I was more than a little surprised to see the New York Times devote its Consumed column today to the Japanese screenprinting system, Print Gocco. The table sized screenprinter is a brilliant toy-like system that makes amazing multiple prints, but even in the small world of book arts, I know very few people that use it.
The story of Print Gocco is a charming one. According to the web site SaveGocco, the printing system was created in Japan and introduced in 1977 as an easy way to make multiple prints of image and text in your own home without the mess and hassle of screen printing. (I had actually heard that it was created for children to make prints of their drawings.) Just as computer design and printing began to take over the terrain of Print Gocco in Japan, artists in the United States discovered its charm and portability and began to introduce it to each other. My favorite art store, Wet Paint, has held in-store workshops on Gocco for over 10 years. I bought mine from them in 1997, but as is often the case with me, I didn't use it until the following year. I remember that it was getting very close to Christmas and I had a design and message I wanted to send to my friends. Late one evening (way too late, really, to be starting a brand new project) I unpacked the Gocco for the very first time, read the directions, ran to a Kinko's to make the needed black and white copy (to burn into the screen) and came back to make over a 100 cards by the time I went to bed. I couldn't believe it was that easy, that the print was so beautiful, and it was so much fun! It was almost like baking a real cake in an Easy Bake oven.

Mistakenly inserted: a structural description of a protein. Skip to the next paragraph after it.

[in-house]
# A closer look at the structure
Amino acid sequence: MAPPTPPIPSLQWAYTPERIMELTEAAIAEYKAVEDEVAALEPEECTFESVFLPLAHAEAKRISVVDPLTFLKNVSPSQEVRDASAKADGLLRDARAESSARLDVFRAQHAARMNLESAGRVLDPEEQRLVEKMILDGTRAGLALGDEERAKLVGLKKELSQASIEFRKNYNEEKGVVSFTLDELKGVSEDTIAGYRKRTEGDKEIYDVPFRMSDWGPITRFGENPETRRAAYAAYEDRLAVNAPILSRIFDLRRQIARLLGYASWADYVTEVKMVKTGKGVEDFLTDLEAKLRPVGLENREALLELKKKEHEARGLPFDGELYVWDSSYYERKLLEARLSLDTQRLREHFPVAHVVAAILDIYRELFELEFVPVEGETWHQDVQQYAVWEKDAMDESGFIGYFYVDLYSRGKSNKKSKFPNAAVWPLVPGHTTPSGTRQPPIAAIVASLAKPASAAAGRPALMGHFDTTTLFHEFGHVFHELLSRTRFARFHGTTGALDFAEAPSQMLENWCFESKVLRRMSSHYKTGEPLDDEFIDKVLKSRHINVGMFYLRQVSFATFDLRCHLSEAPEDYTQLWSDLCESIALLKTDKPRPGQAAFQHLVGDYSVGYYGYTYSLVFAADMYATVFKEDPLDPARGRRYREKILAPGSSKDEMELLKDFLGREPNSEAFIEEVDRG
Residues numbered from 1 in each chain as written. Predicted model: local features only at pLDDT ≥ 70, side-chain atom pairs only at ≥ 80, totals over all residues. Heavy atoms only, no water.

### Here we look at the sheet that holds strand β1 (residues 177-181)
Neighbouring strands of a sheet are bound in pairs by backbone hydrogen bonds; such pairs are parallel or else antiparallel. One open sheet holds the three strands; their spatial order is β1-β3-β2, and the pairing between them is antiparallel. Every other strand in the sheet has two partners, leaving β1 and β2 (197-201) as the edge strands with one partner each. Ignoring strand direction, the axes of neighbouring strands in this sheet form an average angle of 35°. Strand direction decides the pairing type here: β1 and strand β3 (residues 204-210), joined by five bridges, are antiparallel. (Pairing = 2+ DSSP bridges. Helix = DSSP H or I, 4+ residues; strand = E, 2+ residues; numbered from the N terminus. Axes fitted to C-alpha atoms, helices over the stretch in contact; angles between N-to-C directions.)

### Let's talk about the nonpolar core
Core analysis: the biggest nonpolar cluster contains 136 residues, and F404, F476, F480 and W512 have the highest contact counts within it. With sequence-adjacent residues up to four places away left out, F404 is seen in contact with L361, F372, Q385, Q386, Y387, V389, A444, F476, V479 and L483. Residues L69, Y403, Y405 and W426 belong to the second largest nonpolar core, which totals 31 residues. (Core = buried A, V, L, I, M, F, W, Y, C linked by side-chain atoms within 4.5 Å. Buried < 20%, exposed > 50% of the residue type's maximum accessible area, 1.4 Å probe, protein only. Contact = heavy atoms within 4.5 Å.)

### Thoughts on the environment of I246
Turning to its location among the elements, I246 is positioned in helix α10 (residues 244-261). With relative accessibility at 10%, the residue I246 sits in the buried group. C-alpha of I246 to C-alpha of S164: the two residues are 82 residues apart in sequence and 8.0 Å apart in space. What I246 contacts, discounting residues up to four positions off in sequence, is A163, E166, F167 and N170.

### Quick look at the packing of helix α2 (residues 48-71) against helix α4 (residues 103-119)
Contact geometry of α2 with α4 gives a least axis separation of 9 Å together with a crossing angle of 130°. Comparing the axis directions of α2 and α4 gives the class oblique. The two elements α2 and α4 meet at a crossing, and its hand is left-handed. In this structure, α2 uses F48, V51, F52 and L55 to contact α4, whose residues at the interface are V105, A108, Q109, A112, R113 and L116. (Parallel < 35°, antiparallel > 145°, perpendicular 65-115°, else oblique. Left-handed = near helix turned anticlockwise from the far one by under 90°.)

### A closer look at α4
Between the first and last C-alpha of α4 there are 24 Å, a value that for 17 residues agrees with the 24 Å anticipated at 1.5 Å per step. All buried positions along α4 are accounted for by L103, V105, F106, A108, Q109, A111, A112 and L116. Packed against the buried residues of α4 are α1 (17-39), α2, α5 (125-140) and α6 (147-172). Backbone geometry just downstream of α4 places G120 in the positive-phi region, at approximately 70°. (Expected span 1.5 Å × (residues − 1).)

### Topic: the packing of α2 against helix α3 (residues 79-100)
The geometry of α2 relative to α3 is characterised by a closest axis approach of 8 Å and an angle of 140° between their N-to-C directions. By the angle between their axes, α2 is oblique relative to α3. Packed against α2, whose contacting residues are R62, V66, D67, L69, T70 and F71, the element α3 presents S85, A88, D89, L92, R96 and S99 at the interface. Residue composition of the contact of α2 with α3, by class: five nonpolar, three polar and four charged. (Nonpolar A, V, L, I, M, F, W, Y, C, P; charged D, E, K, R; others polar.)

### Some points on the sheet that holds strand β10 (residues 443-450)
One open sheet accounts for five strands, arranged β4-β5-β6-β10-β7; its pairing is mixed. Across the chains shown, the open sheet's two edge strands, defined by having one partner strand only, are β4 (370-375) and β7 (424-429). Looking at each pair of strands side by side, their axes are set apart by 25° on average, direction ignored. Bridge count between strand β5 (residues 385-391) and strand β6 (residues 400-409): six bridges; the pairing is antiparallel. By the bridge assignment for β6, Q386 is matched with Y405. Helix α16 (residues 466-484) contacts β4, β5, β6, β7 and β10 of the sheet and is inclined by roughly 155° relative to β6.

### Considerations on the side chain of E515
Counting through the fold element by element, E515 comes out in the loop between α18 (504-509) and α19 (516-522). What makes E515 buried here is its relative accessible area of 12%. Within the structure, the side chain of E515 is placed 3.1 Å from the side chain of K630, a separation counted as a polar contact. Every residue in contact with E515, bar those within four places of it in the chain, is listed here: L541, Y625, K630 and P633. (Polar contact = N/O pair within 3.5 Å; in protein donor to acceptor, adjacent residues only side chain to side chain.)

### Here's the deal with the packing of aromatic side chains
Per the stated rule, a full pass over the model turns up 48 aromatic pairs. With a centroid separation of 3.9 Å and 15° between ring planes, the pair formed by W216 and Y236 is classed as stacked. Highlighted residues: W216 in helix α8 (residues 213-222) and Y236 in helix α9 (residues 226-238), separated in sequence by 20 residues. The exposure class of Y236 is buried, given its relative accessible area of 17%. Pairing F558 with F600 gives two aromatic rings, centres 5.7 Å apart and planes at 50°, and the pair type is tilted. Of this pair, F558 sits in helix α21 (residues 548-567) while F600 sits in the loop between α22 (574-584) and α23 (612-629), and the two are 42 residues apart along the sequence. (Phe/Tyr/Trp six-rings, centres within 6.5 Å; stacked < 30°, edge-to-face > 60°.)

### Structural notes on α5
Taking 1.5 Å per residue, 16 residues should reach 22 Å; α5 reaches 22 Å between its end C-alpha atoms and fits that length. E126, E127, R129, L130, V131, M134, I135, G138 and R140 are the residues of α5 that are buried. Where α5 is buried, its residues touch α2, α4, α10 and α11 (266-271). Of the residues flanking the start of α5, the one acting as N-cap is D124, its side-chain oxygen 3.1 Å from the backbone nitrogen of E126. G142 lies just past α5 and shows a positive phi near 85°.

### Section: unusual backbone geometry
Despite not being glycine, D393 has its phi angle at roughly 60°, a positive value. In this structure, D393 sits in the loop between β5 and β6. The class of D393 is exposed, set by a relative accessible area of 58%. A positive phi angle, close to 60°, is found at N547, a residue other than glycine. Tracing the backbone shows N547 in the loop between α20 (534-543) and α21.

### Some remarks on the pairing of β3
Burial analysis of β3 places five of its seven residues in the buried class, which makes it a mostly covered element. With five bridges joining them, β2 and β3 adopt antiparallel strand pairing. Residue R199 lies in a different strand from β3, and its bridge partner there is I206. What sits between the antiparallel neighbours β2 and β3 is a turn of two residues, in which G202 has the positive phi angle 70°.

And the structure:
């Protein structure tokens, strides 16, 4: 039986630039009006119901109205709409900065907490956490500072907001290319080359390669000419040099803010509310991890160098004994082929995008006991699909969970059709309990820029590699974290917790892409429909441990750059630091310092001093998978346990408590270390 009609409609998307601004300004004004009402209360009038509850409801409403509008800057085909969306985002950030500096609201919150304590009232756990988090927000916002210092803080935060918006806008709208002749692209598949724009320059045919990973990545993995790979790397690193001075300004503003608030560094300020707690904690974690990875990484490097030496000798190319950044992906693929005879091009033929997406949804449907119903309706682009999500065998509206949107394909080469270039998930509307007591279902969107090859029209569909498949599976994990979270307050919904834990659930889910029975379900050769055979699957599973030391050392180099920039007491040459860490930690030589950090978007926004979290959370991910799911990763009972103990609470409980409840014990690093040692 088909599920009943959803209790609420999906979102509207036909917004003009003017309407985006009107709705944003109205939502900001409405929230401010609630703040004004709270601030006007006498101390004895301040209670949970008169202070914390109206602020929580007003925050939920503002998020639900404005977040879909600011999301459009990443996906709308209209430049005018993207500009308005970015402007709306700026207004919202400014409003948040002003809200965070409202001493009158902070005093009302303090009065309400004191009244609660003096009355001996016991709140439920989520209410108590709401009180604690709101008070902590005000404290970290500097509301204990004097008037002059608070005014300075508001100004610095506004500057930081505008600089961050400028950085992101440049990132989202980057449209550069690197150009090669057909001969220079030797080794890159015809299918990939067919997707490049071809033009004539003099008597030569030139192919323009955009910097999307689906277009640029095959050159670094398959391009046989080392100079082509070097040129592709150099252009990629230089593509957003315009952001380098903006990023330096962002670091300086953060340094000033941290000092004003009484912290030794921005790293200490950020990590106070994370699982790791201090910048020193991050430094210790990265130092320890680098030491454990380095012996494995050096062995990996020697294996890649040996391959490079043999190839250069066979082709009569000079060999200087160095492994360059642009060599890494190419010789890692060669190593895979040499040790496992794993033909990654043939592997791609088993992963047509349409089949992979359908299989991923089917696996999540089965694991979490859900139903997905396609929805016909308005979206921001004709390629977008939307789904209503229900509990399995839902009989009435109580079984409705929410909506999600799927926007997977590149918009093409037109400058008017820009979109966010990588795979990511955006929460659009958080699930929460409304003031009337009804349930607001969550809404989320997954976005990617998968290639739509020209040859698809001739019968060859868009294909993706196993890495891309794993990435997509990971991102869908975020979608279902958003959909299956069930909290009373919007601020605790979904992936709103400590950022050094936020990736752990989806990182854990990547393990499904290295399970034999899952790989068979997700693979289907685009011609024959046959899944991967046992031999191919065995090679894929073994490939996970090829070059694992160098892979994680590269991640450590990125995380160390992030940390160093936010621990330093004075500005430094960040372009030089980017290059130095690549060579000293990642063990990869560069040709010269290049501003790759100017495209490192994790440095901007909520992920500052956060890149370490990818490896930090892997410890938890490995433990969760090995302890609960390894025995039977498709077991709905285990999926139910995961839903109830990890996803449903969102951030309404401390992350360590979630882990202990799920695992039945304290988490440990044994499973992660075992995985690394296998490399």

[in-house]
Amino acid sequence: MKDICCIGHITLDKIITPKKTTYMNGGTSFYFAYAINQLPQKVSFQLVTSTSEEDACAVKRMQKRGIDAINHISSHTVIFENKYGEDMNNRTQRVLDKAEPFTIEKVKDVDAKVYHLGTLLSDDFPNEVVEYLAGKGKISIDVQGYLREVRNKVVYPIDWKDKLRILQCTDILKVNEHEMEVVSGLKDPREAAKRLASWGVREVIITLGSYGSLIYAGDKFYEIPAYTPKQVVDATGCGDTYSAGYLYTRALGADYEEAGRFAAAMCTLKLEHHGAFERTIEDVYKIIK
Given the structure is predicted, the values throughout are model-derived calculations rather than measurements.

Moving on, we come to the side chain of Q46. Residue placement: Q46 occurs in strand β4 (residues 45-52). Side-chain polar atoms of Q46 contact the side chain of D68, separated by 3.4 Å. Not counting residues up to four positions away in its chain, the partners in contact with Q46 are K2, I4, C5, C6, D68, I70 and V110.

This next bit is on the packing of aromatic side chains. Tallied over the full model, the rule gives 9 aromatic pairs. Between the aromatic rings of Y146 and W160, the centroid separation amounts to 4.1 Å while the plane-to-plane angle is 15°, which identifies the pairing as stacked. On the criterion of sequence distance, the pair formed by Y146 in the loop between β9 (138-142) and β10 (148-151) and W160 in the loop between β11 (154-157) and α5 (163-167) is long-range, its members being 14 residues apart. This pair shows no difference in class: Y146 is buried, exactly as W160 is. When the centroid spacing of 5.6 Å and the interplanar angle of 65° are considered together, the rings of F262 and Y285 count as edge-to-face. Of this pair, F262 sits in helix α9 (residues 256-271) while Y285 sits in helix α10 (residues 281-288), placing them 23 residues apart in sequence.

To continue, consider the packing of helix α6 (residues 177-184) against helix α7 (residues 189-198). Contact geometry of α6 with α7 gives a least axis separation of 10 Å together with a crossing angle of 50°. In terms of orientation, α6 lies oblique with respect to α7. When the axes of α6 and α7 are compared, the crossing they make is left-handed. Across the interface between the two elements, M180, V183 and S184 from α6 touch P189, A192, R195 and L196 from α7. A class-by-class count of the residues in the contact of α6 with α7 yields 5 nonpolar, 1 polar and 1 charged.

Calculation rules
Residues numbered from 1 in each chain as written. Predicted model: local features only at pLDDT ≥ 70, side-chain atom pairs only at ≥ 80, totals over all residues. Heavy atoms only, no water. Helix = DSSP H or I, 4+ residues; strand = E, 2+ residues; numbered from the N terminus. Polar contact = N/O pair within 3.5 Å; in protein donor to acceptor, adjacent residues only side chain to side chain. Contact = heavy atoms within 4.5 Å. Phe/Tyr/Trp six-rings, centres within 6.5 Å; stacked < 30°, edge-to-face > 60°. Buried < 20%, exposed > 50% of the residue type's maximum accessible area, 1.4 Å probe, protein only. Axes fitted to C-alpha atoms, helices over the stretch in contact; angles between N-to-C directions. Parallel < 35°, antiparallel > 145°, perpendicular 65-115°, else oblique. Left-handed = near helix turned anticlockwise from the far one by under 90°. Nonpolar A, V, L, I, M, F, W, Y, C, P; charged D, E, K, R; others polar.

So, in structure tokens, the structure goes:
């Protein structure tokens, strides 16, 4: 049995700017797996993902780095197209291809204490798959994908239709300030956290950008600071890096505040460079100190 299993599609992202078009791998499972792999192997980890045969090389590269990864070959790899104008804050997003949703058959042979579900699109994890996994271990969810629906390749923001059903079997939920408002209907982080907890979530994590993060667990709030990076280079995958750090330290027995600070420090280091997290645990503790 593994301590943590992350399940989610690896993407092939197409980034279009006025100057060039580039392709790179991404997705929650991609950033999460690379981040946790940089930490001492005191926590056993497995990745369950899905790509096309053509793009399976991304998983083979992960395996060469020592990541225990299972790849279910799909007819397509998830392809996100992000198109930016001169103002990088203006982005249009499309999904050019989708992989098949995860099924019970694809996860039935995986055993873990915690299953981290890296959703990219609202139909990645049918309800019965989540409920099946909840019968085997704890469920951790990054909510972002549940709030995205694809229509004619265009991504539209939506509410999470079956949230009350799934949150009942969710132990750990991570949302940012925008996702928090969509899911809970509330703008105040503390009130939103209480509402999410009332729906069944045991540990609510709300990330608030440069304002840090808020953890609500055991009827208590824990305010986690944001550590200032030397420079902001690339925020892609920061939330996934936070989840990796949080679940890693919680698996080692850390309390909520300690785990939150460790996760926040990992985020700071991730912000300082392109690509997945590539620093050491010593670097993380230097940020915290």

The following year I attended a one-week Book Arts workshop in upstate New York and there was another Gocco demonstration. A group of us were inspired by our work together and organized a Gocco print exchange the following month when we were back home. I took a beloved black and white photo of my first dog and ran it through the copy machine pushing up the contrast button to "high." I used that high contrast copy to make my Print Gocco screen and did my first edition of a photo. That's the remarkable thing about Print Gocco....you can make a screen from your handwriting, a photo, type or an image...anything that can be turned into a black and white photo copy. And you can use multiple ink colors on the same screen. All from your kitchen counter or dining room table.
When Riso (the Print Gocco manufacturer) announced two years ago that it was discontinuing the manufacture of the system, Gocco fan Jill Bliss created SaveGocco.com Clearly, from the fact that it's reached the attention of the New York Times, her work has built a new audience for the little printer that could. The Times quotes a Riso VP as saying that the future of the product is "not dead and it's not alive. It's in something of a contemplation stage." As new ones are still hard to find, if you can find one, you should definitely grab it. You should always have some fun in your studio!
Update: I checked with Wet Paint and they have over 40 Print Goccos in stock.